AES – 1997

Advanced Encryption Standard (AES)

The Advanced Encryption Standard (AES) is the algorithm trusted as the standard by the U.S. Government and numerous organizations. Although it is extremely efficient in 128-bit form, AES also uses keys of 192 and 256 bits for heavy duty encryption purposes. AES is largely considered impervious to all attacks, with the exception of brute force, which attempts to decipher messages using all possible combinations in the 128, 192, or 256-bit cipher.
Still, security experts believed that AES will eventually be hailed the de facto standard for encrypting data in the private sector. There are multiple variants of the AES protocol that leverage internal mathematical elements.

PPQE – 2018 (Post Quantum-Computing Encryption)

The Parano Protocol is a combination of four existing mature asymmetric algorithms used in a very deliberate way to bring existing computational resilience to affect while introducing variable complexity in key exchange to create a multi-dimensional computational problem to resist brute force attacks.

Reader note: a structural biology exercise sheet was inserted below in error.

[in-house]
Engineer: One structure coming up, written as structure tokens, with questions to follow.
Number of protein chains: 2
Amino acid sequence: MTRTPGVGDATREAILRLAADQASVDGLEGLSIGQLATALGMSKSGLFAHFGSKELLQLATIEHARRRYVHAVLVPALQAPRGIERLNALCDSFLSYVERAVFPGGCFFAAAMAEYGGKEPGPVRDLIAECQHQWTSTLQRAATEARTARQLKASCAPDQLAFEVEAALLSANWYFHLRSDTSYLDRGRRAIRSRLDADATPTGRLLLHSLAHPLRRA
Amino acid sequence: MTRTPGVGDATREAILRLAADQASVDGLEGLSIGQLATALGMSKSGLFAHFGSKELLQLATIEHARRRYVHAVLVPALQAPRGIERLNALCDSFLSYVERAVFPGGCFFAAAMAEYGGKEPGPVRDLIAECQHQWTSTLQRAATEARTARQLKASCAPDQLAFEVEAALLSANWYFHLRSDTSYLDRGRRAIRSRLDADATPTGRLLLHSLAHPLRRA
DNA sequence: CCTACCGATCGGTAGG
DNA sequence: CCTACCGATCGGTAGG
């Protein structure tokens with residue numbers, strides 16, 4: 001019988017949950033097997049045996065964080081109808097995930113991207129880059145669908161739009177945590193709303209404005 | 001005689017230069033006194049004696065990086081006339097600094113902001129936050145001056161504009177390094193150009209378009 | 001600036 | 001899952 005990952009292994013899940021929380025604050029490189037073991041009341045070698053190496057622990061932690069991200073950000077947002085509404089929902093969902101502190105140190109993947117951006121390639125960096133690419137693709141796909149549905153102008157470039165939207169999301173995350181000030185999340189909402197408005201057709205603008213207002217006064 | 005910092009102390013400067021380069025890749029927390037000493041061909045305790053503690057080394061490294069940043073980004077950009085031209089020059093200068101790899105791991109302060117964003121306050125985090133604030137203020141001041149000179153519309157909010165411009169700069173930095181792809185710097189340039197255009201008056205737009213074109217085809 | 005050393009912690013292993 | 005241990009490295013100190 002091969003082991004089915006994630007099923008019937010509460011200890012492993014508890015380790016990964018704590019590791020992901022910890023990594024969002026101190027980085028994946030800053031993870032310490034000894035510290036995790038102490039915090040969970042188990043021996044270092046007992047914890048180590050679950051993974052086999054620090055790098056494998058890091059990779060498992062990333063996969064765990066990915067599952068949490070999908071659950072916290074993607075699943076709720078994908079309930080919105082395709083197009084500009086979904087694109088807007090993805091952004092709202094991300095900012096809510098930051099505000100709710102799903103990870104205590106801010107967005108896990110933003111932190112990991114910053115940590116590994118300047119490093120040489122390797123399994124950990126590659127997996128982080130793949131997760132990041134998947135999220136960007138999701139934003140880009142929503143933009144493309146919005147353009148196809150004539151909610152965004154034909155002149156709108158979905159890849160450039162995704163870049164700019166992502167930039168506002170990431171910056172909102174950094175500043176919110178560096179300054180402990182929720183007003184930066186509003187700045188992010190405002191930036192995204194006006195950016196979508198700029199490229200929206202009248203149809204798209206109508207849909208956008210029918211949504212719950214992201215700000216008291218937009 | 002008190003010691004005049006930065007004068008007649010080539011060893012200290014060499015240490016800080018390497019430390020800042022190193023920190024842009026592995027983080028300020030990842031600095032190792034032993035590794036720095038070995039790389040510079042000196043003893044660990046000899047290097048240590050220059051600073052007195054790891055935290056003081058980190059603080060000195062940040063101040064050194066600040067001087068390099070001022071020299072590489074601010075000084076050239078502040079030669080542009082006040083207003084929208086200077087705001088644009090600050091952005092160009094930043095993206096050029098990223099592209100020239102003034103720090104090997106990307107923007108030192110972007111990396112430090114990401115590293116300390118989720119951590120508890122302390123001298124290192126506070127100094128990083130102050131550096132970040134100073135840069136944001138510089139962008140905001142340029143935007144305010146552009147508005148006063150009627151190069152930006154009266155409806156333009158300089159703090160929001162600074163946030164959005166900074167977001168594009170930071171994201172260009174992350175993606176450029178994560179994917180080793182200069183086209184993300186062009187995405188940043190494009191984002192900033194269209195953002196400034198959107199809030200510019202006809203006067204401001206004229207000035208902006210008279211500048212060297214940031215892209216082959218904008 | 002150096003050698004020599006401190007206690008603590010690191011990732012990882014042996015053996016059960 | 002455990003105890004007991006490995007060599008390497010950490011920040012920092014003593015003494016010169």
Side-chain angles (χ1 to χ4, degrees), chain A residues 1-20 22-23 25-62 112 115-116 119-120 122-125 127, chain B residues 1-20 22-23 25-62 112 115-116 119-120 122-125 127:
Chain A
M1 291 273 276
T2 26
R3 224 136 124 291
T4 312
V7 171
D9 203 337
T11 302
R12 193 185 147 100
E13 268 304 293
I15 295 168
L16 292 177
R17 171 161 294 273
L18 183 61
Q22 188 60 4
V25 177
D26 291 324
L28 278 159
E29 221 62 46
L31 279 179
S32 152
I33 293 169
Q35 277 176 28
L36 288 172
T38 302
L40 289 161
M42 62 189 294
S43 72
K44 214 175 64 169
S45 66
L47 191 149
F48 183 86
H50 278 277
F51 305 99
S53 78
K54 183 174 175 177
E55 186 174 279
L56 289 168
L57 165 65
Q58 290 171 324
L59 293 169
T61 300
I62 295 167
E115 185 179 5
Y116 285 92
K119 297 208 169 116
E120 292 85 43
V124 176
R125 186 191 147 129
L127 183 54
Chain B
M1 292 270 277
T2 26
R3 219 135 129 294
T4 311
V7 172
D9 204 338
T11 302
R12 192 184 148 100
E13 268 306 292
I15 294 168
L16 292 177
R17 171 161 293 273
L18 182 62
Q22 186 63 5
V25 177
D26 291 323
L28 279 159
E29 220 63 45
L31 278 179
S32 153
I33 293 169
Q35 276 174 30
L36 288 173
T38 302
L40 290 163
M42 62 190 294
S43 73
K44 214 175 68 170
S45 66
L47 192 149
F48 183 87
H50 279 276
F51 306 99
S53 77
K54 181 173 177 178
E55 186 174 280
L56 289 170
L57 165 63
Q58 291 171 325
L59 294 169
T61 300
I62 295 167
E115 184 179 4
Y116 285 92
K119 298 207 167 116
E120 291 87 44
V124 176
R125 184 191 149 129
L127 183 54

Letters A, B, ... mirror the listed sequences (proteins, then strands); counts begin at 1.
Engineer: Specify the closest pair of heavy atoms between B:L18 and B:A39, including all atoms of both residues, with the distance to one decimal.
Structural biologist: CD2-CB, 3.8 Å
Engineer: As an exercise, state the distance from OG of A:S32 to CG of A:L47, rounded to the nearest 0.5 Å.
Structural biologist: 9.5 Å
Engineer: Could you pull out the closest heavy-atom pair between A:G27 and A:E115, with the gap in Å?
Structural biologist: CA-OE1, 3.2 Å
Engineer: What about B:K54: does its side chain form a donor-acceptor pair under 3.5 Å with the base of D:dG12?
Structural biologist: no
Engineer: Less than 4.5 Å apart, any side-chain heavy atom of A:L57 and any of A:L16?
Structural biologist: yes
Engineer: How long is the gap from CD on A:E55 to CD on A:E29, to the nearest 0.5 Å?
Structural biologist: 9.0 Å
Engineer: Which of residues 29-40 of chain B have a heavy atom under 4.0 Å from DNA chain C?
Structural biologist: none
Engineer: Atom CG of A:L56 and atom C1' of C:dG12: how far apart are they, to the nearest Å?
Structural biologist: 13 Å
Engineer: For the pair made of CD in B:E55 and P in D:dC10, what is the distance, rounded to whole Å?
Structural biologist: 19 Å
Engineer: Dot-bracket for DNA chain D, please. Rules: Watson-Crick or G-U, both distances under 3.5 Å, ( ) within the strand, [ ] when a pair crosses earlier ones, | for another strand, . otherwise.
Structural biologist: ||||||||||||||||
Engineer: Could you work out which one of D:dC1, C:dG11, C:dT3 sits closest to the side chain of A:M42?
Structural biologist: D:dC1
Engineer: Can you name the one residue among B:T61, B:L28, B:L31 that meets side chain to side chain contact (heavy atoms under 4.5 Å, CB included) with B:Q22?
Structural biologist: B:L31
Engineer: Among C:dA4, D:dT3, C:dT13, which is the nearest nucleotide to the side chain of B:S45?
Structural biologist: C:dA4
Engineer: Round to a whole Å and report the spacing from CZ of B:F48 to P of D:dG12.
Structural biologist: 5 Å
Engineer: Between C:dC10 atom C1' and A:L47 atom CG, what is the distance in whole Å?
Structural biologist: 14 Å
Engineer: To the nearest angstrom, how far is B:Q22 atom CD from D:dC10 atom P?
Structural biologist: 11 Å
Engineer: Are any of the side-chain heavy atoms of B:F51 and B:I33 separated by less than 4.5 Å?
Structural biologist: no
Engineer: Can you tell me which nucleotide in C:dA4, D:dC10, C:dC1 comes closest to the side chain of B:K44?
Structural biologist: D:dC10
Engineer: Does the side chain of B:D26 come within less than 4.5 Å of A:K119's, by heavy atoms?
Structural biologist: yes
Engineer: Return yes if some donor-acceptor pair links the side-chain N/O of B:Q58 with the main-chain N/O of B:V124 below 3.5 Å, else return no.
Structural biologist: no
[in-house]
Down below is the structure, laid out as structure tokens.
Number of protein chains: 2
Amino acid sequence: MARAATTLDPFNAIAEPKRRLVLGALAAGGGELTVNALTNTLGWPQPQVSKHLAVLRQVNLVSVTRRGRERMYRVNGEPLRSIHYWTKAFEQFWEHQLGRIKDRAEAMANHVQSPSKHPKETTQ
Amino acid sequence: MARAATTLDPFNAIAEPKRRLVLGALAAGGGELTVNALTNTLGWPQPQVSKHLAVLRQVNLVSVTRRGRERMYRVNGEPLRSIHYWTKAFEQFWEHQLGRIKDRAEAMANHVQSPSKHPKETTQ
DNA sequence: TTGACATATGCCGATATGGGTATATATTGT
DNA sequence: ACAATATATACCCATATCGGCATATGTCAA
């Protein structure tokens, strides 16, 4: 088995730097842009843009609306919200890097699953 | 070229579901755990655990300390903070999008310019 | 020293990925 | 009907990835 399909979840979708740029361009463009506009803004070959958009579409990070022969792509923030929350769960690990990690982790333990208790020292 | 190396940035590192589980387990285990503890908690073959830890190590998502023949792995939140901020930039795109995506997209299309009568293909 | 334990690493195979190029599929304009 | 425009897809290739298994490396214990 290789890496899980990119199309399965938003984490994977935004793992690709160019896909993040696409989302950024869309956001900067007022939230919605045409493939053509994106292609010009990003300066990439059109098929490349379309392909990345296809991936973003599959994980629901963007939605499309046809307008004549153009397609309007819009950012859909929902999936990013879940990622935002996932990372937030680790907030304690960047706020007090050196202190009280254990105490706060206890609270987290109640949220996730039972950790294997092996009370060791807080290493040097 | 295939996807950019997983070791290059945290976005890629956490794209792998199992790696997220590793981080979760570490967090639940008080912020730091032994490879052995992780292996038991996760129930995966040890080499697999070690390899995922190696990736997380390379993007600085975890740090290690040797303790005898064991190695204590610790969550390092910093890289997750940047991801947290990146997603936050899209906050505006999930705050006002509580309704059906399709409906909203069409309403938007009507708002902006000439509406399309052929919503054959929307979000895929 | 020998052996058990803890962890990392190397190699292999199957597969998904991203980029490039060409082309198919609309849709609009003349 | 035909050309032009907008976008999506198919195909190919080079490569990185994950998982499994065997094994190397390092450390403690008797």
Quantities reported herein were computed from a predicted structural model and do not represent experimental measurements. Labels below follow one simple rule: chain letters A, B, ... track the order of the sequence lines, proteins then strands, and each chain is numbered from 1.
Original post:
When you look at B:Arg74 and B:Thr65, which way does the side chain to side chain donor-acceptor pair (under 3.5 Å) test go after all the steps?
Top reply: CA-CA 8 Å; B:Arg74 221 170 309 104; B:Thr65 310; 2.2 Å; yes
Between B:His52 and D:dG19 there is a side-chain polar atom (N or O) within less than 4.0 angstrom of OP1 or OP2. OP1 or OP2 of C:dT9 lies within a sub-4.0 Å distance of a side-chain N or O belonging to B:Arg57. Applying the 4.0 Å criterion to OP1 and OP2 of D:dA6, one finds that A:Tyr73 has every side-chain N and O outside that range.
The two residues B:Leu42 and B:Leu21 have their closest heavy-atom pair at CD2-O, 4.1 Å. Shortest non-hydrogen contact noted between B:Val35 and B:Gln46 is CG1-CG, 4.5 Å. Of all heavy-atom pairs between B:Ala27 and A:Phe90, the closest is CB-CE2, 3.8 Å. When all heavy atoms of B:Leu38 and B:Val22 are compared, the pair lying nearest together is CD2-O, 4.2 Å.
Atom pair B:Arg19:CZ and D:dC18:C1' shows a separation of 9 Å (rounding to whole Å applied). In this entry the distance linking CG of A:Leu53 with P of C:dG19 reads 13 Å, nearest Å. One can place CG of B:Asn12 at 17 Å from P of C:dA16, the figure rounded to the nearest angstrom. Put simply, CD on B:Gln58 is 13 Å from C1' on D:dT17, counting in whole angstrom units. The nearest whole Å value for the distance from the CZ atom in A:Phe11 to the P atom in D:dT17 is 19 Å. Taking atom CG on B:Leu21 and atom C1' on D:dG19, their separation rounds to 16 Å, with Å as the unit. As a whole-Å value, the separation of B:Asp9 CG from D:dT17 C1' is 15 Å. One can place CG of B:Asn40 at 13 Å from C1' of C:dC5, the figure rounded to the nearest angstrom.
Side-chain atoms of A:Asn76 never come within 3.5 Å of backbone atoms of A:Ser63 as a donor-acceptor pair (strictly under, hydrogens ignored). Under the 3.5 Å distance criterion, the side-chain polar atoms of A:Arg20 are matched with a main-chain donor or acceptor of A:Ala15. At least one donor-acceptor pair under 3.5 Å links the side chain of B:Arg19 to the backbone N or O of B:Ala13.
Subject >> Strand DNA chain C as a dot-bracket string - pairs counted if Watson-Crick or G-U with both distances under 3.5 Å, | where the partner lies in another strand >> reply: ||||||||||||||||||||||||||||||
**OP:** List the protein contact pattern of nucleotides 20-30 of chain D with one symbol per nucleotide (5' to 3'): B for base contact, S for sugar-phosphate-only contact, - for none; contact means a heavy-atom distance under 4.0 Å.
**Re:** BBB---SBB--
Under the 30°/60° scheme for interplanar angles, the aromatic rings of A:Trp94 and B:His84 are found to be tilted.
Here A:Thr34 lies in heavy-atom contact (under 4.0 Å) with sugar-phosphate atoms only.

The well-known asymmetric encryption’s schemes in themselves are highly efficient and resilient relevant their reasonable key size when used alone, however, when combined to provide an ephemeral key wrapping function that ratchets during the message phase, the entire encryption package becomes a tremendously strong protocol with a built-in anti-cryptanalysis mechanism.

PPQE – 2018 (Post Quantum-Computing Encryption empherel key wrapping

The diagram shown here is a simplified example of a single iteration with the encryption portion of the process. Each iteration in the message exchange uses key metadata from the previous package to derive the next package encryption function making the data stream encrypted and the stream key dynamic.

This is a more robust approach to securing a data exchange than using one or two locks and sets of keys. Simply put, when using a static linear congruential generator to derive the cryptographic register shifting or alphanumeric substitutions if you break the foundational master key or session exchange keys, you can decrypt any message that was used with that master key. With Parano, key usage is fluid and highly serialized and dependent on previous key iterations making the cryptographic register shifting dynamic.

Note: Above data provided by Paranotek

 

Other useful resources without spending a dime:

Leave a Reply

This site uses Akismet to reduce spam. Learn how your comment data is processed.